Wednesday, September 16, 2009
When Irish author Bram Stoker wrote Dracula in 1897, little did he know that his blood-sucking protagonist would become the most popular monster in European literature. I believe this undead monster along with the Creature created by Mary Shelley’s Dr. Frankenstein and the werewolves of Eastern Europe, constitute a collective European worldview whenever they rise in popularity. They are “social barometers” of the angst Europeans feel when threatened.
Frankenstein, published in 1818 at the dawn of the machine age (coming right after the Luddite Riots of 1811-1815) showed how human creations can get “out of control”. Thus, the monster created by Victor Frankenstein ultimately destroyed its creator, a notion reflecting early 19th century social thought when machines were thought to be potentially destructive to humans. California Governor Arnold Schwarzenegger repeated this Frankensteinian theme in modern sci-fi epics like the popular Terminator series.
The publication of Dracula in 1897 marked the height of European colonialism throughout the world which literally sucked the lifeblood out of the indigenous people and their resources in Africa, Asia, South America, Australia, Canada, the United States and the Caribbean. Once again, the popularity of the monster reflected the actual behavior of Europeans.
Lon Chaney’s 1941 role as the Wolf Man was very popular at the beginning of World War II, and showed the dual personality of the European as the half man – half wolf monster. Wolves have long been the stuff lacing European children fairy tales be they the Big Bad Wolf imitating Red Riding Hood’s grandma, or the Three Little Pigs’ blowhard neighbor. Whereas Shelley’s Creature and Stoker’s Dracula remained who they were both day and night, the Wolf Man changed from human to monster depending on the phases of the moon. The Wolf Man simultaneously portrayed the “civilized” and “monstrosity” of the European personality reflected at that time with the rise of Adolph Hitler in Germany --- the central nation in the werewolf legends.
Lesser monsters reflecting the social anxiety of Europeans are zombies who were popular during and after the Eisenhower administration culminating in George Romero’s 1968 classic film, Night of the Living Dead. The McCarthy Era was replete with flying saucer “invasions” which again illustrated the angst of Americans over the “Red Menace” of communism.
If you rank the three monsters in order of their popularity it would be Dracula, the Creature and The Wolf Man. More literature has been devoted to vampires than any of the three favorite European monsters, and so it is today.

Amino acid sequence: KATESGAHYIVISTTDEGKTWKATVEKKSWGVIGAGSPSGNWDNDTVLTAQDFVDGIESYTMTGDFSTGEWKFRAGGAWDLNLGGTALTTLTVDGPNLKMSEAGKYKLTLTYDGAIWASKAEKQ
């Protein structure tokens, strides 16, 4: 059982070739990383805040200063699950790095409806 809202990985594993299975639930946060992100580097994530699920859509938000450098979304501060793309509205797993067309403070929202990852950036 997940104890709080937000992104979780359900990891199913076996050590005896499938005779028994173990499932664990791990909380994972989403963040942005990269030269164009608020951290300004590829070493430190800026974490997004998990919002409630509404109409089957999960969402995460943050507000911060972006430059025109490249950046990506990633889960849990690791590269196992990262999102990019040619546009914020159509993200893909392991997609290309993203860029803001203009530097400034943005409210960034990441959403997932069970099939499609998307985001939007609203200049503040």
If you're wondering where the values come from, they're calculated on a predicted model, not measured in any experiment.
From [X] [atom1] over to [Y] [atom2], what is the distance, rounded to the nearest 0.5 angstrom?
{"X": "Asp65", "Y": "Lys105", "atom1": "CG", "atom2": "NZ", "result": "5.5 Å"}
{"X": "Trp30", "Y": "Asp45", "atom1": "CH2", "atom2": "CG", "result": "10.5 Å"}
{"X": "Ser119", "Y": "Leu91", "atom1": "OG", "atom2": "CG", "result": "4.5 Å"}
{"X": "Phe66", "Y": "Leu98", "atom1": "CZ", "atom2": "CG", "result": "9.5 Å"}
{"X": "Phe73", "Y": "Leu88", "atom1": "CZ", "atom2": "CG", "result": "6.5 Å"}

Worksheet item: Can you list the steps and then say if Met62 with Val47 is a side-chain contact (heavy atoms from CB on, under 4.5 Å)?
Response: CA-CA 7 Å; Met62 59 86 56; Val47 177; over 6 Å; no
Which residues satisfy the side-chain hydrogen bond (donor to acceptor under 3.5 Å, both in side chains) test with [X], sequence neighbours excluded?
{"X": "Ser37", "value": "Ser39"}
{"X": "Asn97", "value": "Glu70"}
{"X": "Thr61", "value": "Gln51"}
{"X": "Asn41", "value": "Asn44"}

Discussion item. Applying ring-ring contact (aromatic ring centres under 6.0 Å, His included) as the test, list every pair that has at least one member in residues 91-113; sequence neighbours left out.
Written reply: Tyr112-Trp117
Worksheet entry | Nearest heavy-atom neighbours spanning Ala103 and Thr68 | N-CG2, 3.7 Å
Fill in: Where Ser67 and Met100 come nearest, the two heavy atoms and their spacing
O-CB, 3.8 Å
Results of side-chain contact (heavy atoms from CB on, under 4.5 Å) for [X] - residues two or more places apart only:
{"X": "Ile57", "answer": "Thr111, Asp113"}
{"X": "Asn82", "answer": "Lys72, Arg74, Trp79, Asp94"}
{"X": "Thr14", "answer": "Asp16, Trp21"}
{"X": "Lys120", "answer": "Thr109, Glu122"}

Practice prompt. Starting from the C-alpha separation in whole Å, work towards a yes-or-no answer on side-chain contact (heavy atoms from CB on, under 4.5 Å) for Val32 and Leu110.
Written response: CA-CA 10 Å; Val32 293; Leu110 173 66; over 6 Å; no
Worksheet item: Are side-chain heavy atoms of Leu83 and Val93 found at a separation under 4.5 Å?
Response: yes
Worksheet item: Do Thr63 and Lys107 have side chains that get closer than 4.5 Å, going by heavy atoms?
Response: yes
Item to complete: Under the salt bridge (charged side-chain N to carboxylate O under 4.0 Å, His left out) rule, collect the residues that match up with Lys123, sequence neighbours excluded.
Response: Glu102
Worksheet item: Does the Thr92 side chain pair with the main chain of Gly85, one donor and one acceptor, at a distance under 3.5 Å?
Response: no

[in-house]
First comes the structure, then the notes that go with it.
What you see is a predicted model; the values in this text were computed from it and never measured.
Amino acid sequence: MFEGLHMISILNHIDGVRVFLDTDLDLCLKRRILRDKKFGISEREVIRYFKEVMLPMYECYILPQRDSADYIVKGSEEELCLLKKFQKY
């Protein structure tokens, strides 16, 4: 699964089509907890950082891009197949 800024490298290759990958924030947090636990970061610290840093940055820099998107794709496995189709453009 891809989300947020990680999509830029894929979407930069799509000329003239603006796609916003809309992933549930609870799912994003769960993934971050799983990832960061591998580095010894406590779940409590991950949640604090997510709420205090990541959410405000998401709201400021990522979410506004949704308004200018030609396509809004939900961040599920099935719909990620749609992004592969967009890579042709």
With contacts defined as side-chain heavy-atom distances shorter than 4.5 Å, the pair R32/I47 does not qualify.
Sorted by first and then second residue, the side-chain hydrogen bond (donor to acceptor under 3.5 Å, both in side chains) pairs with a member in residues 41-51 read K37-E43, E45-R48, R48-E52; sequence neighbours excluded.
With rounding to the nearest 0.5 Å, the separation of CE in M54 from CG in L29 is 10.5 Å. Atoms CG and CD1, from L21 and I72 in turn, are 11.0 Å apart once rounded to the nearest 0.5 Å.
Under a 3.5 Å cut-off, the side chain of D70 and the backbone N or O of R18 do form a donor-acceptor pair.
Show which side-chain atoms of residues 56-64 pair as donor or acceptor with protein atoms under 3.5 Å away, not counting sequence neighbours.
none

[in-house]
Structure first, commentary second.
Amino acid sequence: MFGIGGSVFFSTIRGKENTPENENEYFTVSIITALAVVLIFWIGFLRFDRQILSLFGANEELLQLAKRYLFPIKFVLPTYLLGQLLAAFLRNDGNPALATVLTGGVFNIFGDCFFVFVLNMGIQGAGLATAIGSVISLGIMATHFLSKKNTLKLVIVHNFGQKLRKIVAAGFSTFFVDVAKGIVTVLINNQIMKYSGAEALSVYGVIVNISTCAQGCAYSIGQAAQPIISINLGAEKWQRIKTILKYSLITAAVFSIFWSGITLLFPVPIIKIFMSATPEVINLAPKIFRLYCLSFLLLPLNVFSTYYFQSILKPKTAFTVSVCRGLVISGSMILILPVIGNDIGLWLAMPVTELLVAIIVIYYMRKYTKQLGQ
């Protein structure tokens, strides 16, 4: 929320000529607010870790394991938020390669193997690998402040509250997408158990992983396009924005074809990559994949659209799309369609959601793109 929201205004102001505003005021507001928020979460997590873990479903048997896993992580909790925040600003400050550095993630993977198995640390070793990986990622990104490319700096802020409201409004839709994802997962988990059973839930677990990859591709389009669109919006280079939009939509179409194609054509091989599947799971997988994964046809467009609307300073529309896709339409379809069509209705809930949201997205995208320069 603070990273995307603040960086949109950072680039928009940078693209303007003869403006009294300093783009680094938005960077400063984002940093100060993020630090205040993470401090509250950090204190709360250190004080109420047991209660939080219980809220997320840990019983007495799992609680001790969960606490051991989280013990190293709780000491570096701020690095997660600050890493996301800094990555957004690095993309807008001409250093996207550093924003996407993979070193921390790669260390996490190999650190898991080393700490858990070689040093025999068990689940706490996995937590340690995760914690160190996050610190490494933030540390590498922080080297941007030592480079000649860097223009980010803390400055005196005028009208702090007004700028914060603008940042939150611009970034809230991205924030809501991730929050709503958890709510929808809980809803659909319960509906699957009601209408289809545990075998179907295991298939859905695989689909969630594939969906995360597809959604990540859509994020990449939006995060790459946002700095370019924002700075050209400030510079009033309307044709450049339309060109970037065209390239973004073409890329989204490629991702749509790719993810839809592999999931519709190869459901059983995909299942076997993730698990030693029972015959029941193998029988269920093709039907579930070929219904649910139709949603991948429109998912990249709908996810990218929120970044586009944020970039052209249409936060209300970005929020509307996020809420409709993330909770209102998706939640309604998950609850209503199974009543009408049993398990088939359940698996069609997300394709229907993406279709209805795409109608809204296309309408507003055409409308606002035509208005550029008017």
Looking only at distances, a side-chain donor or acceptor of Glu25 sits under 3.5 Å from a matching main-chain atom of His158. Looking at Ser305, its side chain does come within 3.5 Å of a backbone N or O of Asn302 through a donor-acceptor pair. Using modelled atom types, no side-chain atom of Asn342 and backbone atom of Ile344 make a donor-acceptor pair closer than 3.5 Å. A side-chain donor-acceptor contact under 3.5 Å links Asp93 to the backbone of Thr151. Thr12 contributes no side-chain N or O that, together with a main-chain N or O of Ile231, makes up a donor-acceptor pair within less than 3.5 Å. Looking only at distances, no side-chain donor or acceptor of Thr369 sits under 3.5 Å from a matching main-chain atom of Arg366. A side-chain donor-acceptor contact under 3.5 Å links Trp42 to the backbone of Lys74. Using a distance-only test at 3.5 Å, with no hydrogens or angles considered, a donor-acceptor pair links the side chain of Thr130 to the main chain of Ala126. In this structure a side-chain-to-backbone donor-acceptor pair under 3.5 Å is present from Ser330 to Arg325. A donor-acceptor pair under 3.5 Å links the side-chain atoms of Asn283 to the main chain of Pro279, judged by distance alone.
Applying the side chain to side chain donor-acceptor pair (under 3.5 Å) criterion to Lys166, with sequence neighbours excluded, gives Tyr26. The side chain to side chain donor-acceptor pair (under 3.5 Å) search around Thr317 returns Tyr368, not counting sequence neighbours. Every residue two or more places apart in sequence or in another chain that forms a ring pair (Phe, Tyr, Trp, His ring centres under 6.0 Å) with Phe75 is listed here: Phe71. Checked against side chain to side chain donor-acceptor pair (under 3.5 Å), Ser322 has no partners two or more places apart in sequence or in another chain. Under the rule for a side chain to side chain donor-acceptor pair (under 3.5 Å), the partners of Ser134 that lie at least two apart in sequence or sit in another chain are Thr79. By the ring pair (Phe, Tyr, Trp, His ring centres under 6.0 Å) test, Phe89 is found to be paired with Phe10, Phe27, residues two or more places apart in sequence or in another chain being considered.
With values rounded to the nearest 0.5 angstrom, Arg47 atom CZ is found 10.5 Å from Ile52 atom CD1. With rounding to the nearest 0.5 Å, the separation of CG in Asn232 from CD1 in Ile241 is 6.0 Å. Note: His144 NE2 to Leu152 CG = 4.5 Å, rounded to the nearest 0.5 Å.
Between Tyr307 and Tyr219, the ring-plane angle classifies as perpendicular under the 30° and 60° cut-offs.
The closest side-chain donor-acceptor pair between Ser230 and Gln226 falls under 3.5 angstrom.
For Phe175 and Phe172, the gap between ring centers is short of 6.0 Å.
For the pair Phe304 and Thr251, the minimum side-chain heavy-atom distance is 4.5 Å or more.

It’s been interesting to watch the resurgence (or should I say continued interest) in vampires.
True Blood’s gothic southern style vampires on HBO, the adolescent Twilight series; Laurell Hamilton’s vampire hunter, Anita Blake; Anne Rice’s Vampire Chronicles and the list goes on. TV shows, books, favorite Halloween costumes, reenactments and films are full of creatures sucking blood, fangs piercing the necks of helpless women and men, and yellow, black and red eyes staring emptily at frightened audiences.
If past is prologue, (and it is) the omnipresence of vampires in today’s media reflect the European reality that banks and corporations are sucking the economic life out of their customers. They reflect the rapacious nature of the white world’s demand for “more blood” from those already existing as half-dead victims of white supremacy. Indeed, the very “lifeblood” of the planet --- air and water --- is oozing down the throats of insatiable blood-sucking companies indifferent to ideas for sustainable growth and who pay millions of dollars to lobbyists and scientists to “prove” that Al Gore’s Inconvenient Truth is a convenient lie.
Dracula’s nemesis of course, was the laconic Dutch professor, Abraham Van Helsing. He had a vast array of weapons against the blood-sucking living dead, used them and was incredibly cool under pressure. He rescued accomplices of the half dead who unwittingly succumbed to the seductive nature of the Count.
Enter Barack Obama as Van Helsing.
As a Van Helsing symbol, supporters of Obama should not be surprised that the vampires of small town and corporate America resist the light of day regarding the reality of the failing American economy. It’s like driving a stake through the heart of the highly vaunted, but oh so vague notion of “the American Dream” which began crumbling two years ago when the mortgage bankers and Wall Street vampires initiated the housing crisis.
Lamias hate garlic because it thins the blood and makes their victims less “tasteful”. In the health care debate the “public option” has been lampooned by the health insurance industry because it makes the victims of the health care insurance industry more powerful and immune to the blood drinking tactics of these corporations.
I expect the love of vampirism to grow as we see the European world decline in economic significance to China, Japan, South America and Africa. Its citizens, like their ancient cousin Count Dracula will writhe in anguish as the light of truth, garlic of reality and cross of color finally put a stake in the heart of white supremacy once and for all.